The suggestions of a Balkan or Near Eastern campaign met with the vehement disapproval of military planners. On 28 September, Colonel P.D. Lochridge, acting Chief of the War College Division, issued a memorandum to the Chief of Staff relating several reasons why an Eastern campaign was not the proper role for the American Expeditionary Force. First, dividing the Allied effort would leave the Central Powers with the advantage of interior lines of supply. Second, shipping a force from New York to the Eastern Mediterranean would involve a distance 1400 to 2000 miles greater than sending that same force to the West Coast of France, and this entire increase would be in a land-locked sea--a gauntlet of possible submarine bases. The delays associated with a Pacific crossing would be even greater, making this course out of the question. 
A third disadvantage of a Balkan Campaign would be the requirement of the attacking force to carry with it all supplies and munitions. The American army was embarrassingly short of cannons and ammunition and was already forced to rely on France for its artillery needs in the West. Thus, an American force landing in the Balkans would be unequipped for any fighting at all.
The main argument against a campaign in this area, however, was political. Describing Macedonia as having been for centuries the "cesspool of nations," Lochridge contended that this area provided a microcosm of the nationality problem that had greatly troubled the entire Balkan region. The Allied forces there included contingents from all of the participant countries, making harmonious cooperation impossible. It was better, therefore, that the United States avoid becoming embroiled in this political powder keg.
The War College Division refuted the idea of a Russian Front in the same memorandum wherein it rejected the idea of an Eastern campaign. The main hurdle for such a campaign was Russia's inaccessibility. Ports in the North were too small or were frozen over during much of the year. Ports on the East coast of Asia were too distant from the front. Even if Russia had possessed adequate port facilities, however, the added length of the voyage prohibited an offensive via this route.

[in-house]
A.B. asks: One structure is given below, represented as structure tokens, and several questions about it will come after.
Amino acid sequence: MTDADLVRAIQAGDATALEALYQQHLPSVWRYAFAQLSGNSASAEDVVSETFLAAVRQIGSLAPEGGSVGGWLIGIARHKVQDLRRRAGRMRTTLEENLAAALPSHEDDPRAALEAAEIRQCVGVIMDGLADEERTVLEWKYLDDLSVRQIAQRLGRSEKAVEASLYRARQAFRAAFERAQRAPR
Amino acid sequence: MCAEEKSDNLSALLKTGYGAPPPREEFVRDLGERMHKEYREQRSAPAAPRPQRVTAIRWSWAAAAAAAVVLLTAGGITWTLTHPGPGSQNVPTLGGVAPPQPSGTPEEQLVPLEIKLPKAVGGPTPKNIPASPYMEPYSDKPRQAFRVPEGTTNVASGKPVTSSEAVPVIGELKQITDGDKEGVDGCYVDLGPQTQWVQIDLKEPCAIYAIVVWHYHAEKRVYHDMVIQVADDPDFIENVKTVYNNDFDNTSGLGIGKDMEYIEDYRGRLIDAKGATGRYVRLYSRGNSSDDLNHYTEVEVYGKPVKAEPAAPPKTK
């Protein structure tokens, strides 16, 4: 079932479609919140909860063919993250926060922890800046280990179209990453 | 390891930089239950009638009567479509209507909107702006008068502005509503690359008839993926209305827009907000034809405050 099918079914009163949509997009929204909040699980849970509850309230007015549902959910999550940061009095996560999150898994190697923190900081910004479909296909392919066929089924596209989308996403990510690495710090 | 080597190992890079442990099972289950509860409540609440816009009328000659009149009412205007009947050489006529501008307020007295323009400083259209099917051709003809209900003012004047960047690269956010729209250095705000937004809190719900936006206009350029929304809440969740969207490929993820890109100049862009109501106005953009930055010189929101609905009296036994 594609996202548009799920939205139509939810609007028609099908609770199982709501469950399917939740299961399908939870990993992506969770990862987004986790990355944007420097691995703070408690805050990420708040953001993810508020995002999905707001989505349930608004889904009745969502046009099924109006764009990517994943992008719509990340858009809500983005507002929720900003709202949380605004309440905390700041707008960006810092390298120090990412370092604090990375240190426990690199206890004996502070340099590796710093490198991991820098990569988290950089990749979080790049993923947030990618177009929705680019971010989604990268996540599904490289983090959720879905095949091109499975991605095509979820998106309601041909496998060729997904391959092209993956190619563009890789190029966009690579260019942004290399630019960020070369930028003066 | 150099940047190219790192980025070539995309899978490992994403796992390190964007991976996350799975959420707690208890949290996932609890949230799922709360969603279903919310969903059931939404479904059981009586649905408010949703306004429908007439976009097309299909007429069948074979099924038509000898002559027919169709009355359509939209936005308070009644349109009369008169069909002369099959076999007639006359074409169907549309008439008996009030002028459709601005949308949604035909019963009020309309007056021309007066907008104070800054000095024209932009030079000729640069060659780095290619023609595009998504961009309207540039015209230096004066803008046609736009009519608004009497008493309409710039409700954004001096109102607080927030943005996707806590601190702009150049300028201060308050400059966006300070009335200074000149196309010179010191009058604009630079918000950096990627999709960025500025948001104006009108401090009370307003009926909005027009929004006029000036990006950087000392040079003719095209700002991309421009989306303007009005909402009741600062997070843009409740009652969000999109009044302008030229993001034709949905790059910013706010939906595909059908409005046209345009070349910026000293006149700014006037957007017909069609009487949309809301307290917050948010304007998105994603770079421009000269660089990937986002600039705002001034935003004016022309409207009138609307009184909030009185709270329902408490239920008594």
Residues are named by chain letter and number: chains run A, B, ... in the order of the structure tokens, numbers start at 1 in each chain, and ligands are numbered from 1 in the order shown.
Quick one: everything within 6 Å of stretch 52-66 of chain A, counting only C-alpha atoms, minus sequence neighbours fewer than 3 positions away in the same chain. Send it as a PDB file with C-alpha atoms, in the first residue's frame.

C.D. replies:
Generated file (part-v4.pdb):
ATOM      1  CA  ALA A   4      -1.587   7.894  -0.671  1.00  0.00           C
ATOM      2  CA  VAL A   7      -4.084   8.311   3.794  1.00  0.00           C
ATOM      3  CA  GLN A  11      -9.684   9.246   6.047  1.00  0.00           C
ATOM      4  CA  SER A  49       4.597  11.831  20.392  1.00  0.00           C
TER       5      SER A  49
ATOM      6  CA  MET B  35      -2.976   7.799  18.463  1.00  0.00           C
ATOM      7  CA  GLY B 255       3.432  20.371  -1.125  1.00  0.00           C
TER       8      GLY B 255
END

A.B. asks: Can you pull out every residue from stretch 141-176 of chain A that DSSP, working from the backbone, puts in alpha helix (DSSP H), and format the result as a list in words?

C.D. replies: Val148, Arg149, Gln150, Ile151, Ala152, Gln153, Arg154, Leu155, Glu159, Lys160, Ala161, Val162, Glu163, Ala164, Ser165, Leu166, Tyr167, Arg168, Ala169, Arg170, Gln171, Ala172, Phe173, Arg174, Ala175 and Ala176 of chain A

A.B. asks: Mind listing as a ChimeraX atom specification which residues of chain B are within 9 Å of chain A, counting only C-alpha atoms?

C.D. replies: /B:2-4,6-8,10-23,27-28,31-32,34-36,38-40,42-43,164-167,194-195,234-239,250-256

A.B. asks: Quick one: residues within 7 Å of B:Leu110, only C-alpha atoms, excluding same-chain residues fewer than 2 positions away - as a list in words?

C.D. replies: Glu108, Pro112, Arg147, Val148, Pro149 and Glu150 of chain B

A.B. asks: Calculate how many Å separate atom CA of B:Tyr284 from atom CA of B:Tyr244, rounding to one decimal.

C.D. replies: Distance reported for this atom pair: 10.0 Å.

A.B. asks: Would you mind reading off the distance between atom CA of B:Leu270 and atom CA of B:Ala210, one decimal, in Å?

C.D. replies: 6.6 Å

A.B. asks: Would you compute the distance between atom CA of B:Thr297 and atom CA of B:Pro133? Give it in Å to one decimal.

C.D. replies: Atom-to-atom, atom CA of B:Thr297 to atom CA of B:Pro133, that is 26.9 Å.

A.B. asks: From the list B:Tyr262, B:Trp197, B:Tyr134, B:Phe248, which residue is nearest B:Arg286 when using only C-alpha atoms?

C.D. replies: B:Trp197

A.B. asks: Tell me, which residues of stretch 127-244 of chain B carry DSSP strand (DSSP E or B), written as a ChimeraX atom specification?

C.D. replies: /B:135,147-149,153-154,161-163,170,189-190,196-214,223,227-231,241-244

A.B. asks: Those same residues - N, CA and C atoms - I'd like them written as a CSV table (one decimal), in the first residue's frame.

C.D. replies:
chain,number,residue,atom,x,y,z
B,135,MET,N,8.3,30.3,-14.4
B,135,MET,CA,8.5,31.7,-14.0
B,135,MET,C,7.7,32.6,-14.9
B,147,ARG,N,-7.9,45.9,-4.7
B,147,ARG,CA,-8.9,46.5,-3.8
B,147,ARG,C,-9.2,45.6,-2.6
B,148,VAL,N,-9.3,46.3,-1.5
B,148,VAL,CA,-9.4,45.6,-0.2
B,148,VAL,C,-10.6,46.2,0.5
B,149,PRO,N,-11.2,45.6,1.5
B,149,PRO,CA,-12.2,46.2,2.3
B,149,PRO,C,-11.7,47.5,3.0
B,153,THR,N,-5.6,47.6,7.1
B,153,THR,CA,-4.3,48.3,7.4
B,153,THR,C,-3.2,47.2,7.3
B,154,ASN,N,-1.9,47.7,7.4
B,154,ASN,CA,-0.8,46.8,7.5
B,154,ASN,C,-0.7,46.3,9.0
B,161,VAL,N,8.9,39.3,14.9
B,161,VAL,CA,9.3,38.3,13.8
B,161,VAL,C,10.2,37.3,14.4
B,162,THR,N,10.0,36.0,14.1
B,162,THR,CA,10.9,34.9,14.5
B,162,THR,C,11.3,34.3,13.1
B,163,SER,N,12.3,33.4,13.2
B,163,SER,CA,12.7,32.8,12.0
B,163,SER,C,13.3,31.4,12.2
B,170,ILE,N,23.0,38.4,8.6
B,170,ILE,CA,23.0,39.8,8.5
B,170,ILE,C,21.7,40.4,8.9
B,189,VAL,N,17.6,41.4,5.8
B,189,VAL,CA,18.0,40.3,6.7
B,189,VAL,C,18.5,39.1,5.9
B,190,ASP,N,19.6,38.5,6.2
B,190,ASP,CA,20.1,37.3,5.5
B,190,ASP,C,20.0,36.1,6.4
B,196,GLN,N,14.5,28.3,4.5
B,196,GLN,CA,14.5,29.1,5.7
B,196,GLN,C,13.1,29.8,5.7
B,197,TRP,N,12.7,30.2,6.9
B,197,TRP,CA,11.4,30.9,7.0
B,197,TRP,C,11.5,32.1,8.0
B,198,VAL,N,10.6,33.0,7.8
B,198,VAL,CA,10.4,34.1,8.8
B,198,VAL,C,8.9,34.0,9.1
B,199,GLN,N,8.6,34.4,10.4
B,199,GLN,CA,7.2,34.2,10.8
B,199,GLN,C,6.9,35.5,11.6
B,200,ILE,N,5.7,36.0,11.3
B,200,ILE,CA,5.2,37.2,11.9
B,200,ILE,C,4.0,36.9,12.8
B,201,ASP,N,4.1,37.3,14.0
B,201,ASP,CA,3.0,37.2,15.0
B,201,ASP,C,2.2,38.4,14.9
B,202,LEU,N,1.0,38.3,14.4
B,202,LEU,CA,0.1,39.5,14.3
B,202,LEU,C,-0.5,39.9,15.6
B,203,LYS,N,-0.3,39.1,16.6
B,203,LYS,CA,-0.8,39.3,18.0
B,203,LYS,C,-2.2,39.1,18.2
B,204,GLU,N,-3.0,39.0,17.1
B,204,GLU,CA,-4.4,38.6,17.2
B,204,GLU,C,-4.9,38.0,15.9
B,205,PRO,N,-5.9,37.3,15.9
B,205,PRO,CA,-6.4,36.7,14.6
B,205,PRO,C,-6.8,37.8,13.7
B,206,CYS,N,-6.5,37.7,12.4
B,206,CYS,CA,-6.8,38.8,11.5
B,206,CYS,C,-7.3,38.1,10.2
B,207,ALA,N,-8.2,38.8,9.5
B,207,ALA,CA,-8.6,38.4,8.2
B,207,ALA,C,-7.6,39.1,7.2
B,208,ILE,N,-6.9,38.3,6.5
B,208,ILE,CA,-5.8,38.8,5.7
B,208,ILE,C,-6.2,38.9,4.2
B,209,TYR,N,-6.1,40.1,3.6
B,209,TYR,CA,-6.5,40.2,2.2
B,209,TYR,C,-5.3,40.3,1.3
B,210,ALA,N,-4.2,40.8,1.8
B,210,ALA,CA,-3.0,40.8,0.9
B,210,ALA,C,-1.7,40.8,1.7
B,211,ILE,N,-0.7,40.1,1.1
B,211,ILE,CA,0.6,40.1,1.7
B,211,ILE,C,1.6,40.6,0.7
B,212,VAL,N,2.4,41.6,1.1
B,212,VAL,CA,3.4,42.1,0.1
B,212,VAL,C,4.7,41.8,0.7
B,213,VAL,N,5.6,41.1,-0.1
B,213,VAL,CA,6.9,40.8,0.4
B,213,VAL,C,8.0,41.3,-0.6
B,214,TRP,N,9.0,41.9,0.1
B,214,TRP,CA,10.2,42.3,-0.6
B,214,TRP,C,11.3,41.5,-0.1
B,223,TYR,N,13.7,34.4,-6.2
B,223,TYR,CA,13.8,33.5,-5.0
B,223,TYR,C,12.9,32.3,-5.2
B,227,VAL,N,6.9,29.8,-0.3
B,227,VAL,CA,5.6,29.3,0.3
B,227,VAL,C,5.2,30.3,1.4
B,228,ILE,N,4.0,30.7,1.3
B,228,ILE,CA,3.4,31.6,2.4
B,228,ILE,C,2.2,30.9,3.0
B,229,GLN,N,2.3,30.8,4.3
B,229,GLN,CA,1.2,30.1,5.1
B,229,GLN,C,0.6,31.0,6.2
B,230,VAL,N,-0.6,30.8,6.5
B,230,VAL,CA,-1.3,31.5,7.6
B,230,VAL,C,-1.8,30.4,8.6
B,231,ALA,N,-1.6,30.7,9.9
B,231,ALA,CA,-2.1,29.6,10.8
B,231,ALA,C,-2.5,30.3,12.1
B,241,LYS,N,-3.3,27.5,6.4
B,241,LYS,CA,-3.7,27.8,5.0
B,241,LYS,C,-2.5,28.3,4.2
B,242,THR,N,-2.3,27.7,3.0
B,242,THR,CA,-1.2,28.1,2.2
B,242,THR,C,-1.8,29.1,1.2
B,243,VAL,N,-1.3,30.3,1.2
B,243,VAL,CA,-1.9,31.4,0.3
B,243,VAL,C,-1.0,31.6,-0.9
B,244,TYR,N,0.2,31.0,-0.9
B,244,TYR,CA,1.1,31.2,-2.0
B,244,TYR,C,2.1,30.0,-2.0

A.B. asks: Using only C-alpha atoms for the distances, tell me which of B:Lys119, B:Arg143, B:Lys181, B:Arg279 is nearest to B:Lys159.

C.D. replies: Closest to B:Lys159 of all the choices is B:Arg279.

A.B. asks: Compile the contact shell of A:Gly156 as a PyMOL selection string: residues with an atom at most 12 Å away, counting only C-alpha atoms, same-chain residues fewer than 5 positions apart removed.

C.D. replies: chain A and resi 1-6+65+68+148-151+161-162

In the context of these discussions of alternative strategies, and at Baker's suggestion, the War College Division took the opportunity to explain and defend its choice of a Western campaign. The military planners contended that a "sideshow" strategy would unnecessarily divide the American forces. In order for an alternative strategy to succeed, the US would have to field a force large enough to hold the line in the West and at the same time fully equip a force sufficient enough to have an influence in another theater. The force on the second front would require its own artillery, lines of communications, rolling stock, bases, and sufficient personnel--items that the American force alone did not have. 
The War College Division also contended that the Allies could not survive alone on the Western Front. No miracles had occurred in the three months after the dispatch of Pershing's First Division, so France still needed American assistance. Most importantly, the War College argued that the West was the decisive theater of the war. The sideshows in the East were just that --sideshows. The German objective, they argued, lay with crushing France, and American involvement in the West would do the most to thwart that goal. The military planners recognized that a deadlock had existed for some time in the West, but they claimed that American involvement to the expected degree (eventually one or two million men would tip the scales decidedly in the favor of the Entente Powers. The war would be won or lost in the West; if the United States desired to play a decisive role in the outcome of the war, and thereby earn a seat at the settlement, it would have to play that role side by side with the French and British in the trenches of the Western Front. 
By the end of September, the War College Division had offered its best reasoning for a western campaign, but it continued to receive suggestions for alternatives to this strategy. Baker had sent Lochridge's memorandum to the President on 11 October. In early November, however, Wilson again presented to Baker the plan of Major Sargeant concerning "the General Strategy of the Present War between the Allies and the Central Powers"--the very same plan which he had given to his Secretary of War in September and the very same plan which the War College Division had already rejected in its lengthy study written for the President himself! Surely Baker must have been puzzled when, upon his return to his office, he realized that Wilson had resubmitted Sargeant's proposal. On 11 November Baker forwarded a copy of the War College Division's memorandum of 28 September to Wilson. In his cover letter he once again reiterated the arguments against a sideshow strategy for the AEF. Hinting at Wilson's desire to have a seat at the settlement, Baker concluded by reminding the President that America's army had been "pledged for use on the Western Front in cooperation with the British and French forces there."